The cool, bright morning quickly developed into a hot Summers day. There would be no fishing until the late evening. I resolved not to become impatient and leave the house too early. Moreover, I needed to recover from the previous afternoons extended liquid lunch with Fullers at Elstead. Yesterday I had watched the streamer weed swaying in the mill stream on the River Wey, just below the stretch I had been invited to fish earlier in the season. The fish were cruising over the sand banks and occasionally rising but I had been distracted by the free beer and Premier Grand Crus Chablis, my favourite white wine. The family celebration continued into the night.
A very late breakfast, a long siesta and a Red Bull revitalized me for an evening at the river. I visited Little Bognor and was grateful for the cool breeze and the shade afforded by the mature Beech trees. There were Trout rising everywhere and I was tempted to catch a few but I stuck to plan A and after a leisurely stroll around the lower lake, I departed for the river.
The Fish Pass looked beautiful but lifeless, there was little shade and the Trout would be buried deep in the tree roots until darkness fell. Similarly, Rotherbridge looked promising and I marked several likely pools between the Alder trees. I investigated a rise near the springs but the culprit crept out of the water and sat on the grass. Mink are not good fishing companions so I walked back to the Defender and drove to Keepers Bridge.
At 7:00pm I started the long walk upstream towards Perryfields Barn. The stretch had just been fished by another member who had caught three and lost two. If I had arrived a little later I would have been unaware of his success and would have fished all the usual pools. My strategy was to fish the impossible places, the weed beds and gaps in the trees that everyone else ignores.
While walking across the sheep strewn field I saw a fish rise at the top of the Sandy Pool, in open water. It rose again. As I sat and watched the pool a few Olives hatched and I decided to fish a GRHE nymph upstream. If I had approached the fish from upstream, the setting sun would have thrown my shadow across the top of the pool. Despite my careful approach and methodical casting, the fish went down. I had probably lined the Trout as I lengthened the cast. Fishing down and across from the opposite bank would have been a better tactic.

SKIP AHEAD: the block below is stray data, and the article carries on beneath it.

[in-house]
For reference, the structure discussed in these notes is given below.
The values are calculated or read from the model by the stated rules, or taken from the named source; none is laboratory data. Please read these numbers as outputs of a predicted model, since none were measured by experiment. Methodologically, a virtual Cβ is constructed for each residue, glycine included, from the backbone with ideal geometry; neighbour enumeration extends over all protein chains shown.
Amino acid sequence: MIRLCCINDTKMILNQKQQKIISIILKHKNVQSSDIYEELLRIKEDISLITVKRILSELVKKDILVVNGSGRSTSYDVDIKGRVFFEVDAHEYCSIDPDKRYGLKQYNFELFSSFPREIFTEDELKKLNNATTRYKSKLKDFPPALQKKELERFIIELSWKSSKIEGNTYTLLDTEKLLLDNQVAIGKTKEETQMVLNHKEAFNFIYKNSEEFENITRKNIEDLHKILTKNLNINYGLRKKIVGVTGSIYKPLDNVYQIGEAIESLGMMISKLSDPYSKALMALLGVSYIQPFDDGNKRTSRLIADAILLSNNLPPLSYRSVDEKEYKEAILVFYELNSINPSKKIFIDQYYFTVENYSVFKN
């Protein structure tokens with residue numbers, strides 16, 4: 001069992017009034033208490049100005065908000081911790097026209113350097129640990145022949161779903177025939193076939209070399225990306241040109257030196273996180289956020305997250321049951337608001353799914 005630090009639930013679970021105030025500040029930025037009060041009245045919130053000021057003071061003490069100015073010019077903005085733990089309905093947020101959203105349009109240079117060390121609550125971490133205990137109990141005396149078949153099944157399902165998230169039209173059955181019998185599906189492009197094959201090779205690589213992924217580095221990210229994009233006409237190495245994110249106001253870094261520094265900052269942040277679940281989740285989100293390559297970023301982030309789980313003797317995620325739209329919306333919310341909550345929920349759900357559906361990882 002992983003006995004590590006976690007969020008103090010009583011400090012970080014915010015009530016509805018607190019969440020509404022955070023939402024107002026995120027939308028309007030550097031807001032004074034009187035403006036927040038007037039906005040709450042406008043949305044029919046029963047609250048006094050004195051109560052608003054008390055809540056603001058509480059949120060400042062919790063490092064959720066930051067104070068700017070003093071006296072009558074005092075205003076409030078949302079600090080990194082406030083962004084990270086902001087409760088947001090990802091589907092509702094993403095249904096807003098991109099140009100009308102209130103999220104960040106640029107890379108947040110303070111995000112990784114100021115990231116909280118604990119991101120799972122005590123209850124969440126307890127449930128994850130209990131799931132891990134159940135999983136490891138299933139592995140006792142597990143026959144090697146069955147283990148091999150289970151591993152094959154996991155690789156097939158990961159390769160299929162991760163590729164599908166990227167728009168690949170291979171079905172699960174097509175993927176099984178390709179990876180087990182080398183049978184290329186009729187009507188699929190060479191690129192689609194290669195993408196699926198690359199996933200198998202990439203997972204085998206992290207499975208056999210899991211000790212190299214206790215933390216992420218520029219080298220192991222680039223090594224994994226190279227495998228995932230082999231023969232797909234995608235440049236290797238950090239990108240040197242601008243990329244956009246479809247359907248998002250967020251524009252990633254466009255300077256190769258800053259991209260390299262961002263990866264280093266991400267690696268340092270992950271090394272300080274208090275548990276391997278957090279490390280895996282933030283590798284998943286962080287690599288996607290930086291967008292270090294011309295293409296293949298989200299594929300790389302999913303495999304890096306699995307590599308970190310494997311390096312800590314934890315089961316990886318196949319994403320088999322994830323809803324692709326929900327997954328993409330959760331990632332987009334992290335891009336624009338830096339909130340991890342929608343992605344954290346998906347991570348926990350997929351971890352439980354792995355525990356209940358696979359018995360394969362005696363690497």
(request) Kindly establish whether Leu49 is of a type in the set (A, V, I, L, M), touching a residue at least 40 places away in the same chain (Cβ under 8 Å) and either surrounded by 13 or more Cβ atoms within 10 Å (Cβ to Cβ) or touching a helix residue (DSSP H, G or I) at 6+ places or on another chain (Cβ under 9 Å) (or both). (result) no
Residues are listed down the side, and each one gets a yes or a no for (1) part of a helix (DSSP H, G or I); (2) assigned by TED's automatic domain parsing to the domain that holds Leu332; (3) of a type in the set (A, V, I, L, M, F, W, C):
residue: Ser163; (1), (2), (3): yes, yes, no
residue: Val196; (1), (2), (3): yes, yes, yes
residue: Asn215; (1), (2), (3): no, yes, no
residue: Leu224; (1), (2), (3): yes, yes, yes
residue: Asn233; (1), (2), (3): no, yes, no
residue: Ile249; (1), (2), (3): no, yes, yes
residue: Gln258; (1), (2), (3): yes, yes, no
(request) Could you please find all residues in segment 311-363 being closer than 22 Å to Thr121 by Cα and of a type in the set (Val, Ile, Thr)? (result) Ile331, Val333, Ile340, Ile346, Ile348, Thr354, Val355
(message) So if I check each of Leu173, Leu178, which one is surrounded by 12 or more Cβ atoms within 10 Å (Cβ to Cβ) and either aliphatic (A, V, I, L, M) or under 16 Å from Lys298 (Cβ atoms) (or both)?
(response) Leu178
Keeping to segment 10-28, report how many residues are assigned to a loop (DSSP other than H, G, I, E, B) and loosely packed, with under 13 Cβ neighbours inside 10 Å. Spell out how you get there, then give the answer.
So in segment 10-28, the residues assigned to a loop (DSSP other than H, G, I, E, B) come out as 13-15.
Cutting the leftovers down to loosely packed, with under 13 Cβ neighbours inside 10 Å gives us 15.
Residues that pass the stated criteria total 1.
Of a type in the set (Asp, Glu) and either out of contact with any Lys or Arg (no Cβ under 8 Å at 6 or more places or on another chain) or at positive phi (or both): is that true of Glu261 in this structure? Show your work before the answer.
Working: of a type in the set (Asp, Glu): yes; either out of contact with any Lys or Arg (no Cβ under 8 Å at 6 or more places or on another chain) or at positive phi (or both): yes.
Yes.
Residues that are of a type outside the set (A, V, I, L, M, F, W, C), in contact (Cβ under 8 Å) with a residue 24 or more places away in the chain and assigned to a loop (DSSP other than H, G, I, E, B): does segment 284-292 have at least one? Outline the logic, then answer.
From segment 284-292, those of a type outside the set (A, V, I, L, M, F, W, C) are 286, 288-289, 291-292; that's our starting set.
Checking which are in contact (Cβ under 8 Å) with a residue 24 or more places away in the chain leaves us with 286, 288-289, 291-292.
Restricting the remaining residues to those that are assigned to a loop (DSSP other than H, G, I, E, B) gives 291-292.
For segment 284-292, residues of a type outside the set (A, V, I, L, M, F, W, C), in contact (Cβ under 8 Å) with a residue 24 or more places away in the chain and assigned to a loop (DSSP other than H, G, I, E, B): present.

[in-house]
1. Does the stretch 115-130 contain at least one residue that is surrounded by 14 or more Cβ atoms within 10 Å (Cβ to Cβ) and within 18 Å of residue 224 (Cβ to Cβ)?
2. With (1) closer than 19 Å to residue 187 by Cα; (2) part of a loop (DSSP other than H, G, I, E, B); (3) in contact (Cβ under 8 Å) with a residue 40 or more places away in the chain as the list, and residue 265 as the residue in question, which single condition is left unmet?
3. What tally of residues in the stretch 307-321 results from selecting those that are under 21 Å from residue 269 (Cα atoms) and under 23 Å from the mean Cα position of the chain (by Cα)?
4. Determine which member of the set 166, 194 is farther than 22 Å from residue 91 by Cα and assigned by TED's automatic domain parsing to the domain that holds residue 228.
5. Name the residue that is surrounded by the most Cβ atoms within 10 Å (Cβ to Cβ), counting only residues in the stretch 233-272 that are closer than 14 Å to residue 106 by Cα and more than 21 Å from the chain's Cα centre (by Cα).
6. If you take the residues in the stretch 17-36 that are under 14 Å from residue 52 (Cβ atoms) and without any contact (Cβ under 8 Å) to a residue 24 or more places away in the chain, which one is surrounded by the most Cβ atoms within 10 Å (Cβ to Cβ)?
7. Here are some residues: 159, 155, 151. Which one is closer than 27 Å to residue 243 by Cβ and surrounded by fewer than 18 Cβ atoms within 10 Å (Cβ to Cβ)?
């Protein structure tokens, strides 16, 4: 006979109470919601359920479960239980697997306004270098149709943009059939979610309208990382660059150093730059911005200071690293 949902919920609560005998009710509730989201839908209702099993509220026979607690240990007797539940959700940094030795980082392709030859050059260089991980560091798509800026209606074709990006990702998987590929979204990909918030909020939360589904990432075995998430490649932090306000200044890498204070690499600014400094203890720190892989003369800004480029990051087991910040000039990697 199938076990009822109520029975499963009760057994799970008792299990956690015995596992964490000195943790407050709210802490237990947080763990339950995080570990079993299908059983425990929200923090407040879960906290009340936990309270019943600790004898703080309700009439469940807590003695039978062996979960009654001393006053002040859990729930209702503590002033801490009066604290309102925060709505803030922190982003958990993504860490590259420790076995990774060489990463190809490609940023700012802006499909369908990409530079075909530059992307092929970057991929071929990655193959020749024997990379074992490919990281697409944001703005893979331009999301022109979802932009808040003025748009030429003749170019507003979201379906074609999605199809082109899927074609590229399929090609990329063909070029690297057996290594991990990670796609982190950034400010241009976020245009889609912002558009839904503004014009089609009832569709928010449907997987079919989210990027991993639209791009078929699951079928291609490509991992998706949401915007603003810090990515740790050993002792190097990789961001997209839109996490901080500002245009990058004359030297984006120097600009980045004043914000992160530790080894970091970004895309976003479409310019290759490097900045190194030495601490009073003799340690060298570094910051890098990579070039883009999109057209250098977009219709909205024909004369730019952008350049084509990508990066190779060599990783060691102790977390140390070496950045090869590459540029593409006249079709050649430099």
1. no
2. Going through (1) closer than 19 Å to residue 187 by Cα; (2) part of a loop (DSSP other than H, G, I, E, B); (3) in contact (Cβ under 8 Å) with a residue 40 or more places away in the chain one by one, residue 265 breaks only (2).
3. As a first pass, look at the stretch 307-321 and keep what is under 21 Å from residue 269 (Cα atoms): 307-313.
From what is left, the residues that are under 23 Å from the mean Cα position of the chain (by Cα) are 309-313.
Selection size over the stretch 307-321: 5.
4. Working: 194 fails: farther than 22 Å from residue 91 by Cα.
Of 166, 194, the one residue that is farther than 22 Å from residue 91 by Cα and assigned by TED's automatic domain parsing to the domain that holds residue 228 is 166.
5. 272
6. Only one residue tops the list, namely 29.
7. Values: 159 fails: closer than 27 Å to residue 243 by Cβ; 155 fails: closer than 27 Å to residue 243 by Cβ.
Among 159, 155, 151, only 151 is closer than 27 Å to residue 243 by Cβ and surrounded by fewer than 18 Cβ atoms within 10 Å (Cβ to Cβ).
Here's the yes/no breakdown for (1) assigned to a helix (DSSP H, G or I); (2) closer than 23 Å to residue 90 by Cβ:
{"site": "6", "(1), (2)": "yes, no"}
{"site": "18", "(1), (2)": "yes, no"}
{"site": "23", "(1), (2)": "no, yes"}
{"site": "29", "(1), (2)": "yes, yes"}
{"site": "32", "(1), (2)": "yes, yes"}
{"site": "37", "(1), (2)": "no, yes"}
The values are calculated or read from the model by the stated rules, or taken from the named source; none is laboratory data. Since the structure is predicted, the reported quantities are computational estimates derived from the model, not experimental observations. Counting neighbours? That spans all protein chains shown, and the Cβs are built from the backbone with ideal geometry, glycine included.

I continued upstream to the tree lined stretch just below the barn but could not resist the pool above the Old Riffle which always contains a Trout. I had good cover and the pool was dotted with small clumps of streamer weed. Perfect. I dropped the nymph close to each clump of weed along the far bank and allowed the fly to pass under the branches. An anti-pigeon gas gun exploded in the field behind me and as I flinched, there was a swirl behind my fly. Unfortunate timing.
I rested the pool and then started exploring all the likely lies. Eventually there was another big swirl as the fish turned away. It looked about 3lbs. I found the fish again, between two clumps of weeds but it flashed gold, deep down and was obviously not impressed by my nymph. A change of fly to an olive seals fur nymph and a long rest, produced an immediate take. It was not the same fish, it was about 1lb 8ozs. I released the Trout in the riffle after resting it in my landing net. The pool was trashed so I went upstream to the Wide Pool and the Cattle Drink but they were quiet so I turned around and went back to the Sandy Pool.
I saw a few fish rise but they were only Dace or small Chub, my evening on the river ended at about 9:15pm with just one Trout. I was pleased with the result, I’d had several opportunities to catch a good fish in beautiful Sussex countryside. As I drove towards Wisborough Green on high ground, I could see the moon glowing red during a partial eclipse. It was a fitting end to a lovely evening.